The decision

Upper Tribunal
(Immigration and Asylum Chamber) Appeal Numbers: IA/36038/2013


Heard at Field House
Determination Promulgated
On 17 June 2014
On 2 September 2014




mr baljit singh (first appellant)
mrs amandeep kaur (second appellant)
master yashvir singh (third appellant)



For the Appellants: Mr H Samra, Counsel instructed by Harbans Singh & Co Solicitors
For the Respondent: Mr P Deller, Senior Home Office Presenting Officer


1. The appellants are citizens of India. They are father, mother and son whose dates of birth are 18 February 1981, 29 October 1979 and 12 August 2005 respectively. An immigration decision was made on 19 August 2013 to remove the first appellant Mr Baljit Singh together with his wife and son. Their appeal was heard before a Judge of the First-tier Tribunal Pygott who in a determination promulgated on 17 February 2014 dismissed the appeals on immigration and on human rights grounds.

2. This matter comes before me for consideration as to whether or not there was a material error of law in the Tribunal Judge's determination.


3. The appellant and his wife entered the UK on visit visas issued on 18 June 2004 valid until 18 December 2004. On 12 August 2005 their son Yashvir was born. The appellant was encountered in March 2006 and made an asylum application which was subsequently withdrawn. Further encounters with the immigration authorities led to the appellant making an application for asylum with his wife and son as dependants which was refused and certified on 21 January 2010. On 22 February 2012 the parties were served with notices as overstayers. On 2 May 2012 the appellants applied for leave to remain having established a private and family life in the UK.

4. In a Reasons for Refusal Letter the respondent refused the applications having regard to Appendix FM and paragraphs 276ADE-276DH of the new Immigration Rules including Section EX1(a) of Appendix FM. The respondent also considered Section EX1(b) of Appendix FM. The respondent considered the application outside of the Rules with reference to the five stage process in Razgar [2004] UKHL 27. Finally consideration was given to the provisions under paragraph 353B of the Immigration Rules.

5. In his determination promulgated on 17 February 2014 First-tier Judge Pygott set out the detailed applicable law in paragraphs 21-29.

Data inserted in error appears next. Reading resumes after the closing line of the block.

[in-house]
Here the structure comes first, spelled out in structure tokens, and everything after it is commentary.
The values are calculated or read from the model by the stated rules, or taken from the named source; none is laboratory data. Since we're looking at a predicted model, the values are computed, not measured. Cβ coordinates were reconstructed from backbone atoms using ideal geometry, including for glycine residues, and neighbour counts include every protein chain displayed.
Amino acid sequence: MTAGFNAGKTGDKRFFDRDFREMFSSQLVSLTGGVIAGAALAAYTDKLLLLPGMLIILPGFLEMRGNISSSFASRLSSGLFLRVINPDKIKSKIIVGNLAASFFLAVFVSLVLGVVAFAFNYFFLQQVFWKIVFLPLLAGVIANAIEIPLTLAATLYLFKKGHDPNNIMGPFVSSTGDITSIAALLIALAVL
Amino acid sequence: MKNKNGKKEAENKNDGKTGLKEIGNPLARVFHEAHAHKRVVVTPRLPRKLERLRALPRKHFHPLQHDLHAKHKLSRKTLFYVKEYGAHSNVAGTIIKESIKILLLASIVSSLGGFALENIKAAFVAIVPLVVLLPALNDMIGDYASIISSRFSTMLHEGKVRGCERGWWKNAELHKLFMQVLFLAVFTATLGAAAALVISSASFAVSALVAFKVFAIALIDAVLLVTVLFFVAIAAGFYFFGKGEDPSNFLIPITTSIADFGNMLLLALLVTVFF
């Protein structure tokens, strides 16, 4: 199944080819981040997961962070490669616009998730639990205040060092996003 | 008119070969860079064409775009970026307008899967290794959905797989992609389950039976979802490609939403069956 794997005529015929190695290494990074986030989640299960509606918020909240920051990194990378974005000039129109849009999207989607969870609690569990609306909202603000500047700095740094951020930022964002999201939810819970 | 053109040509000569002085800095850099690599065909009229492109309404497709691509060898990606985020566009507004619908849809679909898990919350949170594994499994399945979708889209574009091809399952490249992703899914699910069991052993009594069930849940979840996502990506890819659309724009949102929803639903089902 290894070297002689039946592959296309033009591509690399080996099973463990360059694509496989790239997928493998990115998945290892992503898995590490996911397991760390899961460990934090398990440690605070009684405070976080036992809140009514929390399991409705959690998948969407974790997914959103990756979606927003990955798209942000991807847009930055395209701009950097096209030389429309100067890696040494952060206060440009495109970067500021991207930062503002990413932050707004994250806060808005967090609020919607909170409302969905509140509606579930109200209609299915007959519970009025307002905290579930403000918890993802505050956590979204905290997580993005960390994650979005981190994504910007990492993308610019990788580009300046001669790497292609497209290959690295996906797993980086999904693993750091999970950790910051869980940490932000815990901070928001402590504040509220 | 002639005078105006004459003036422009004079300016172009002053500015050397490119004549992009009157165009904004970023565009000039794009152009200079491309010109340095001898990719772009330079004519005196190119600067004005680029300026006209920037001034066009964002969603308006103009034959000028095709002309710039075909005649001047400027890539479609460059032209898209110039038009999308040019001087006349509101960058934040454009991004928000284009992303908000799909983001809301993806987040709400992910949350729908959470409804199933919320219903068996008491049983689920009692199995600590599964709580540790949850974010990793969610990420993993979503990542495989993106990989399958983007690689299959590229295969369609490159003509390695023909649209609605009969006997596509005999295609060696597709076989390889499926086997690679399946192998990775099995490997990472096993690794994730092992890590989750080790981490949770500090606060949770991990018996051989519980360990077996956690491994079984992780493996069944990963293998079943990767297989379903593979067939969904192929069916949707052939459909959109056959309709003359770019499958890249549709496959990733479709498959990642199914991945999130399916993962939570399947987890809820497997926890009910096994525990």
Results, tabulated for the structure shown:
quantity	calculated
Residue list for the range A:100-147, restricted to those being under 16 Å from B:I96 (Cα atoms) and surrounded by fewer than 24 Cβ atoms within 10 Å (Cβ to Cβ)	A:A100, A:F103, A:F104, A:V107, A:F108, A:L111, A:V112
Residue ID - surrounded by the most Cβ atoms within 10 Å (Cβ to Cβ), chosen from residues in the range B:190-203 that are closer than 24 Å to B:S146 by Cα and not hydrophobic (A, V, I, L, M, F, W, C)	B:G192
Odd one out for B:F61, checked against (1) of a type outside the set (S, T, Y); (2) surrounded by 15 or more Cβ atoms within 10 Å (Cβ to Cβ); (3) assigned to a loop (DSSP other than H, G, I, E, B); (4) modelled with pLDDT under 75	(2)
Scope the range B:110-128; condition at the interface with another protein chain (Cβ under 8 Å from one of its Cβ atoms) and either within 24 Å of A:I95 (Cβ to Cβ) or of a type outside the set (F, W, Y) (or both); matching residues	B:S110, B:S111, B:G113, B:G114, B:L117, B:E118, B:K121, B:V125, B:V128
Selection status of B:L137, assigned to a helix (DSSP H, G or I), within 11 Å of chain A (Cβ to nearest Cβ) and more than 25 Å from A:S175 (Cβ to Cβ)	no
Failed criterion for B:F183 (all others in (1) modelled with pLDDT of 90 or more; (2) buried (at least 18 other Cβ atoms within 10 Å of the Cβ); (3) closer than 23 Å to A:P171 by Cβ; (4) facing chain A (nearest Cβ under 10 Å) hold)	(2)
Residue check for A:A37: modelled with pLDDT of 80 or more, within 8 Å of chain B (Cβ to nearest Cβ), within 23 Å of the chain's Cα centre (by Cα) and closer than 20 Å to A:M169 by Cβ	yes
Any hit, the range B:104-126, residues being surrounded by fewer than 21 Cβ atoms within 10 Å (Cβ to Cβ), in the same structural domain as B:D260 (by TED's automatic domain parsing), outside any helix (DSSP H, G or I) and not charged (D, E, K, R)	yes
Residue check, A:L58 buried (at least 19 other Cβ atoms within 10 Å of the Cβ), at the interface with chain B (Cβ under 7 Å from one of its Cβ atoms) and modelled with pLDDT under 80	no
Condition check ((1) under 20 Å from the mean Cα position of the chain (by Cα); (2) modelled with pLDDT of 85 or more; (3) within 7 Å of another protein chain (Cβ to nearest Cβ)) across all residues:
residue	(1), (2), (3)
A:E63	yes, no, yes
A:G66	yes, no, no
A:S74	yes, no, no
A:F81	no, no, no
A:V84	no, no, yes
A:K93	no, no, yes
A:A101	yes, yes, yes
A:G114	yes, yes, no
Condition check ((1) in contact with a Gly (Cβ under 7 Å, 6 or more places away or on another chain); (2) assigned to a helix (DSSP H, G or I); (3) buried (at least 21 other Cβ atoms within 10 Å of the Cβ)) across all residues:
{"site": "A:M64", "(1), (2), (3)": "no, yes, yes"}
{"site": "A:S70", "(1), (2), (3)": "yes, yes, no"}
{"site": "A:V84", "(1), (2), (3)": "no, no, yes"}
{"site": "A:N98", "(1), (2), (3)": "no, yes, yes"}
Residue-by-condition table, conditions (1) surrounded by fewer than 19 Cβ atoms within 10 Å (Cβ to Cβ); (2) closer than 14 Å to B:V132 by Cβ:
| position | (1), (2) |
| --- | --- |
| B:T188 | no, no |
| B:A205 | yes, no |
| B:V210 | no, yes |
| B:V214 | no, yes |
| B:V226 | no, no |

6. In his findings at paragraph 30 he sets out that the appellant relies on Article 8 ECHR and further he concludes that none of the provisions in Appendix FM of the Immigration Rules are applicable. His reasoning is set out in paragraph 33 namely that the third appellant (the son) had not lived in the UK continuously for seven years immediately preceding the date of the application. For the same reason he concludes that the third appellant does not meet the requirements of paragraph 276ADE(iv) and the first and second appellants do not meet any of the requirements under the Immigration Rules.

7. From paragraph 39 the Tribunal considers the appeal on human rights grounds and considers the situation as at the date of hearing, at which point the third appellant was over 8 years old. In light of that fact and that his parents had been in the UK for over nine years the judge found arguably good grounds for granting leave outside of the Immigration Rules by reference to Article 8. There would be no interference to family life as the family would be returning as a unit.

8. The main issue related to the third appellant's private life. Factors with regard to proportionality and the issue of public interest are set out in paragraph 44 with regard to the first and second appellants. The Tribunal considered the third appellant's position from paragraph 45. It took into account that the appellant has special needs, the fact he has an older brother and maternal and paternal grandparents in India, he speaks and understands Punjabi and in the absence of any evidence to the contrary he would be able to receive an appropriate education notwithstanding special needs in India.

Grounds re Permission to Appeal

9. The appellant submitted that the judge erred in law having regard to the fact that the appellant had lived in the UK for at least seven years immediately preceding the date of the hearing. The approach to Article 8 ECHR was erroneous and ought to have followed the step by step approach articulated in Razgar. The judge failed to consider all evidence in assessing proportionality and or the best interests of the child.

Permission to Appeal

10. Permission to appeal was refused by First-tier Tribunal Judge Davidge on 10 March 2014. She found the grounds to be misconceived as the appellant's representative had conceded that the appeal could not succeed under Appendix FM. She considered the judge had correctly applied the date of decision as the relevant date under the Rules. With regard to Article 8 she concluded that the judge had considered the family's position and the best interests of the child and the grounds did not reveal any arguable material error of law.